Fast forward 15 years. My new husband and I were thrilled to start a family. After trying to conceive for more than a year it was determined I had unnaturally high levels of the hormone prolactin. This hormone is made naturally when a mother breast feeds and can suppress pregnancy. I had a MRI and found that I don’t have a tumour on my pituitary gland which is the leading cause of high prolactin. I assume it has something to do with the hypoplasia. After being referred to an endocrinologist, I started a drug to suppress the prolactin. I became pregnant, but suffered two miscarriages. The third pregnant went full term and I had a beautiful, healthy baby boy. I had attended a breast feeding seminar prior to delivery and chatted with the lactation consultant and thought, ” great! I make extra prolactin, I’ll have no troubles breastfeeding.”

    Not the case. My milk came in, but I wasn’t making enough. I was seeing the LC three times a week. We decided to start on the drug Domperadone to INCREASE prolactin and I supplemented with formula using a catheder at the breast. Gradually I was able to stop supplementing, but continued to take Dom. I’m happy to say that I am still breast feeding more than a year later, off of Dom. It is possible, the key is to find a LC that is familiar with hypoplasia.

    Don’t give up if this is what you want. It isn’t easy at the beginning, but totally possible.

    Jackie.

    • Hi Jackie – Thank you for sharing your story with us! It’s mamas like you that inspire us everyday. Keep up the good work, mama!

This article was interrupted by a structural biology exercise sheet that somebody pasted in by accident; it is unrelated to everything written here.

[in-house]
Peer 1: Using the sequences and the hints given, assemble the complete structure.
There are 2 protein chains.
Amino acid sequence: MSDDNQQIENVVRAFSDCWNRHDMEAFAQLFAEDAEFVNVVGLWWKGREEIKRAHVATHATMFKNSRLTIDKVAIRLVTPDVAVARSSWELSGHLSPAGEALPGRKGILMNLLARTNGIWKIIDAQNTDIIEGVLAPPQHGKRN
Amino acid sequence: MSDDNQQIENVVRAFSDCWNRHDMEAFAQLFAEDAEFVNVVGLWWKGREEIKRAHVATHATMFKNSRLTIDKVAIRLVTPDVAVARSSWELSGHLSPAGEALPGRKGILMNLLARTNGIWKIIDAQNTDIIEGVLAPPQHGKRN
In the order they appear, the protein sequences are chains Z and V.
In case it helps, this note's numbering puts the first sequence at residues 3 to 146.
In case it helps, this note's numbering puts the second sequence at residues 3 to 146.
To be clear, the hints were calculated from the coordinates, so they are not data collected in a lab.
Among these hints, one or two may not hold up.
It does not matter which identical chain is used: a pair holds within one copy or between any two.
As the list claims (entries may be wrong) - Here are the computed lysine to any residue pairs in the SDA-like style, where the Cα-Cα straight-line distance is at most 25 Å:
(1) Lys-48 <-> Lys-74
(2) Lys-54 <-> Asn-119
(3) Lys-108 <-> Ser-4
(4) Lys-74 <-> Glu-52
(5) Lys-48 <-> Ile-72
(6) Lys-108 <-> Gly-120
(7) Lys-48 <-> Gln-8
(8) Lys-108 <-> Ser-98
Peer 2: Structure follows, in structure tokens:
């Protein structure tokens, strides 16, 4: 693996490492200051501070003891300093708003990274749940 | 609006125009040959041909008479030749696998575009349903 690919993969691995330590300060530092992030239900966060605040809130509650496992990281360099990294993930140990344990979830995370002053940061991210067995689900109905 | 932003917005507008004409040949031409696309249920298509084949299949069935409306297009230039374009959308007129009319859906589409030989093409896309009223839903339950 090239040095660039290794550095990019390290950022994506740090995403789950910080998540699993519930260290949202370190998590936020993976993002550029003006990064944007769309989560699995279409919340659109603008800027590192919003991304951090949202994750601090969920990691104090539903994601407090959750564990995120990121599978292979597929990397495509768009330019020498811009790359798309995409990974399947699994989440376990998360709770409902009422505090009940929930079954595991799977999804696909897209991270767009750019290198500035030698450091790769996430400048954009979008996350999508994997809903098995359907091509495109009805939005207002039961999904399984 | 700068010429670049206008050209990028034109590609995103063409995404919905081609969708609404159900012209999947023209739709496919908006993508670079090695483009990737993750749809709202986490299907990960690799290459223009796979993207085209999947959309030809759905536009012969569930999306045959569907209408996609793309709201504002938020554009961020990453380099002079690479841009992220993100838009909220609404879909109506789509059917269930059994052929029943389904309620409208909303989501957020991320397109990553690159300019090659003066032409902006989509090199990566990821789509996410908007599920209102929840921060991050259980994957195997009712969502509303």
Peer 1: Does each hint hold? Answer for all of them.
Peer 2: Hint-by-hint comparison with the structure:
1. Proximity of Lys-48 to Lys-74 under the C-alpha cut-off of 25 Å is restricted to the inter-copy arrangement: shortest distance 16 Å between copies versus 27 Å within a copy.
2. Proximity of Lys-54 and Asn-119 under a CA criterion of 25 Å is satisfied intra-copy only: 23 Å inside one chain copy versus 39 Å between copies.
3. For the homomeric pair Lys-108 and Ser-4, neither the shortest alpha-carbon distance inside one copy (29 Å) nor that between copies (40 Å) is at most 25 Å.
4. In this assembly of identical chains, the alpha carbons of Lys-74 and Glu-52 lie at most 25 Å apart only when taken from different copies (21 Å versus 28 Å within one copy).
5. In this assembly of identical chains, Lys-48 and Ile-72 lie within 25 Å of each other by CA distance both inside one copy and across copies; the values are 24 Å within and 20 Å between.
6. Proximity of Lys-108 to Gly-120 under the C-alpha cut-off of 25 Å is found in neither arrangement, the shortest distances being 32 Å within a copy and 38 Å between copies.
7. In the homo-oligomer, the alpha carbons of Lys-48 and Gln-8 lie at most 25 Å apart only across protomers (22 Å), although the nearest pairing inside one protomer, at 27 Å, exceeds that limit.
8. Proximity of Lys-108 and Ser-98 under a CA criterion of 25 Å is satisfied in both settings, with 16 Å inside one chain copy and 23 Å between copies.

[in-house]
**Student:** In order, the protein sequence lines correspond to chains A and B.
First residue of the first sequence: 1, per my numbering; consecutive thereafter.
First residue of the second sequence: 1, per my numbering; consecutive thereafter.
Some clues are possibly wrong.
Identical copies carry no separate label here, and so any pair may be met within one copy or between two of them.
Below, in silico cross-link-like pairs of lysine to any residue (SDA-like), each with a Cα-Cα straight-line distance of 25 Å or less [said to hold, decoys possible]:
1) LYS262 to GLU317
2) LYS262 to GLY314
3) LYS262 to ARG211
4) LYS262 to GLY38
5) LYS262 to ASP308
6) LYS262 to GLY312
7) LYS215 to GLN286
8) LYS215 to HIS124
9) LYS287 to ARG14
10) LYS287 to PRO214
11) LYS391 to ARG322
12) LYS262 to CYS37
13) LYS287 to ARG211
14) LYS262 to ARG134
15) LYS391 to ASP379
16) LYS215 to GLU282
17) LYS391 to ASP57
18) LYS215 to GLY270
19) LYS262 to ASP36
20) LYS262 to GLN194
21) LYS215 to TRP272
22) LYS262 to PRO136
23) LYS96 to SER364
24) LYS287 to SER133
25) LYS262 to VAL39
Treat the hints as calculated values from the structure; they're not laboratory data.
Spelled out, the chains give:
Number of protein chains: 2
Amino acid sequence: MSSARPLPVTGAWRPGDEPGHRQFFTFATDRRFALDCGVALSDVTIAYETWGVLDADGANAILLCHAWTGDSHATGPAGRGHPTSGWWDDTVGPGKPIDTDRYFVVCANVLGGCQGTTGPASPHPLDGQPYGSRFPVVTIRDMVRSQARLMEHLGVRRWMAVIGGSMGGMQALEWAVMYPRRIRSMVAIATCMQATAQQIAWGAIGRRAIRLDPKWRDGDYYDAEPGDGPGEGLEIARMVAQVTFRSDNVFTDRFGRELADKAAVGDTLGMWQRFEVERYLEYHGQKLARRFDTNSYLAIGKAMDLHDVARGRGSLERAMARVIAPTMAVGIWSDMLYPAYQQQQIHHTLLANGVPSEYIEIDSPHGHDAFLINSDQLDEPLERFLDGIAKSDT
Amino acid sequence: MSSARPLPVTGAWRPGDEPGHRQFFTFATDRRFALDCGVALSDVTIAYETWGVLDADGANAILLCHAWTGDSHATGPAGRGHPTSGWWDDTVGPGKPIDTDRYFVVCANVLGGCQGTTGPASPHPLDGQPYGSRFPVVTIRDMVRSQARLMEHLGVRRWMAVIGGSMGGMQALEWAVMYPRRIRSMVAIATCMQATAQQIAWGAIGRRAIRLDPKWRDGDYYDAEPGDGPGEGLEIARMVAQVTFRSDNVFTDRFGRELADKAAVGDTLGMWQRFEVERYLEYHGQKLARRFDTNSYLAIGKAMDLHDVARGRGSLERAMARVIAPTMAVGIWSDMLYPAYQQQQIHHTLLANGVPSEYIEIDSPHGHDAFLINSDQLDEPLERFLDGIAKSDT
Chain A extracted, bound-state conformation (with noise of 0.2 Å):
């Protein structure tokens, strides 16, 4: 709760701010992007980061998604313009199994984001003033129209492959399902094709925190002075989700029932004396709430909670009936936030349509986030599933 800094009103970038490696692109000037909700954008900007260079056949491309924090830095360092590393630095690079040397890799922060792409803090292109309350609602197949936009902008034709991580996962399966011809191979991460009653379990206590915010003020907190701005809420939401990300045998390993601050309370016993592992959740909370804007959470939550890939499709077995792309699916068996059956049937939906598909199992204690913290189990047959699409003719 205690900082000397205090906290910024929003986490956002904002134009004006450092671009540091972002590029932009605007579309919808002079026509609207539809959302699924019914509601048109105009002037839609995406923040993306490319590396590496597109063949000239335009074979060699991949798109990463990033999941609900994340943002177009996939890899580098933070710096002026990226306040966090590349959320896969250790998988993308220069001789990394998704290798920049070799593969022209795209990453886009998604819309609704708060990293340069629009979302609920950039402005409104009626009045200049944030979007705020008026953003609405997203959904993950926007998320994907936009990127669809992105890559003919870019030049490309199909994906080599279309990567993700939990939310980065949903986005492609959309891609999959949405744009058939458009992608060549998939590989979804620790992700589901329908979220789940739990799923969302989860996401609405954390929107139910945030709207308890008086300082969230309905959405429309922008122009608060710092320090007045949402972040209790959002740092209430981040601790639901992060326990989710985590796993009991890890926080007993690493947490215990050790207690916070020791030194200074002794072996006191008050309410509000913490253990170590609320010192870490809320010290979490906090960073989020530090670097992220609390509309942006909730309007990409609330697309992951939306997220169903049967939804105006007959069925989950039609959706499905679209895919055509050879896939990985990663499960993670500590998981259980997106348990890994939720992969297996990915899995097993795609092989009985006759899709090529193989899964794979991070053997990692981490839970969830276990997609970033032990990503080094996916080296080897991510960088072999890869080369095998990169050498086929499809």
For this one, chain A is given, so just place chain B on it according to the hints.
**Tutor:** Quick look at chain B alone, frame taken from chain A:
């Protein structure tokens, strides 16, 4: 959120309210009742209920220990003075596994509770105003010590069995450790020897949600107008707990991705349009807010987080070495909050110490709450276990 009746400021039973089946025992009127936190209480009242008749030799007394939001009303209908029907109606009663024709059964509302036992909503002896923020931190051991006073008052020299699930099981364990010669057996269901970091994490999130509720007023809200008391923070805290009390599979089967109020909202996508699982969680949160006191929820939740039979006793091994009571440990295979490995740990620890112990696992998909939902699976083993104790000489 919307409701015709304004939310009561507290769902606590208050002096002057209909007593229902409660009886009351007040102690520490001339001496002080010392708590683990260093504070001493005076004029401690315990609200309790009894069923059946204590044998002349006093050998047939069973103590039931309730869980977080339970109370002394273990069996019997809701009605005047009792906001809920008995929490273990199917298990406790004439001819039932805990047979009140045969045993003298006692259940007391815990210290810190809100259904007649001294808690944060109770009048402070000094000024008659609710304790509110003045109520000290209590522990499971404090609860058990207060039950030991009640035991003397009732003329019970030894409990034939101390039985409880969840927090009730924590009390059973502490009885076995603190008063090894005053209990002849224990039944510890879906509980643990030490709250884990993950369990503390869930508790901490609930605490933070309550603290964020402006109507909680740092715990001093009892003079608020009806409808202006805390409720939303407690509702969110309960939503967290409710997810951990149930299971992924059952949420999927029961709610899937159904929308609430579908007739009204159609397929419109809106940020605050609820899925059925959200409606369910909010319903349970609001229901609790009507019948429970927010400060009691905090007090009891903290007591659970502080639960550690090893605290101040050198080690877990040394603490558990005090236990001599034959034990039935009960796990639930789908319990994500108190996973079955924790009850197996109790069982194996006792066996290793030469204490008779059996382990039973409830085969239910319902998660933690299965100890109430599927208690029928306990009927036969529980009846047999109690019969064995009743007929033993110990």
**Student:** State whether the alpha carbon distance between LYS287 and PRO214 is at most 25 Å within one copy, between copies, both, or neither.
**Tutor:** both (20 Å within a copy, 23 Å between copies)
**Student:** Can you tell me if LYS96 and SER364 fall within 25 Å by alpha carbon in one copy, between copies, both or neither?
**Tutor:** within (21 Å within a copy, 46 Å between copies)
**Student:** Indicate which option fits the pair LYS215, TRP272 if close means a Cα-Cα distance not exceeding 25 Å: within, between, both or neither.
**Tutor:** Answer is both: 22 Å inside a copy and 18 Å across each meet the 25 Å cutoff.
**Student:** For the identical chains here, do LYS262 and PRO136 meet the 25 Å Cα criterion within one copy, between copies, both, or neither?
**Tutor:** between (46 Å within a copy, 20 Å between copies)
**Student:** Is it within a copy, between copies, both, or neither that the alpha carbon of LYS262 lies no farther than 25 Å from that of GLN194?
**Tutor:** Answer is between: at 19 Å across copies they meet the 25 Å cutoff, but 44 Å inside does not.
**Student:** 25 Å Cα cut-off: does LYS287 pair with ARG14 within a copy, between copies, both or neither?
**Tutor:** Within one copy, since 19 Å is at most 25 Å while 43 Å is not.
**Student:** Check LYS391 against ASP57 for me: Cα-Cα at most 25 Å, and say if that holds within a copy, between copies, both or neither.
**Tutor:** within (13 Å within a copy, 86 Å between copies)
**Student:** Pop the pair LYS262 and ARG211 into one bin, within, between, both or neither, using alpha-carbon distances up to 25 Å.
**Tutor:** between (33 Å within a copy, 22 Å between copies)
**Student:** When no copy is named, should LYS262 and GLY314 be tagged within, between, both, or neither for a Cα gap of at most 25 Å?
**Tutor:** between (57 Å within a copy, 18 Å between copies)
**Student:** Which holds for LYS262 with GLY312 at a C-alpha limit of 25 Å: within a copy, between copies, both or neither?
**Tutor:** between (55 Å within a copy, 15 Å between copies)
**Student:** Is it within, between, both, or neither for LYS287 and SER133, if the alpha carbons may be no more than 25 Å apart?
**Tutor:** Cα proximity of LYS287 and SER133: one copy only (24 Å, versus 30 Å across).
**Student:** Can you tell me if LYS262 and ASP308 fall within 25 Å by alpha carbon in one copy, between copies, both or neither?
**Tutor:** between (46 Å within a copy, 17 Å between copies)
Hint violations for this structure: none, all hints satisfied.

3. My baby is 6 weeks old and I’m still only able to produce 30 ml tops in total per 10minute pumping. I’ve tried everything, Domperidone, fennel greek, lactate tea, alfalfa, power pumping, pumping after each feed, blessed thistle, right now im taking mothers love tincture for breasts that didn’t grow during pregnancy like mine. Has anyone had any luck on goats rue for growing IGT? My blood work says I should be producing enough milk my thyroid is fine, I’m not anemic etc etc. Have I missed something? The only thing I have not tested for is pcos that I know of, im praying I don’t have igt but it’s starting to look that way… Has anyone heard of any other treatment that grows igt after pregnancy besides goats rue and or natural progesterone during pregnancy?

    • Hi Hannah – Don’t worry, you’re doing a great job and there are several measures that moms can take to increase breastmilk supply. First off, know that the average breastfeeding mom can pump between one and three oz. per pumping session (not per breast, per session). Here’s a link to our blog with various tips to help increase supply: http://bit.ly/187ZXnw. If you have further questions, please feel free to contact our Lactation Consultant: http://bit.ly/ask_lc. Keep up the good work!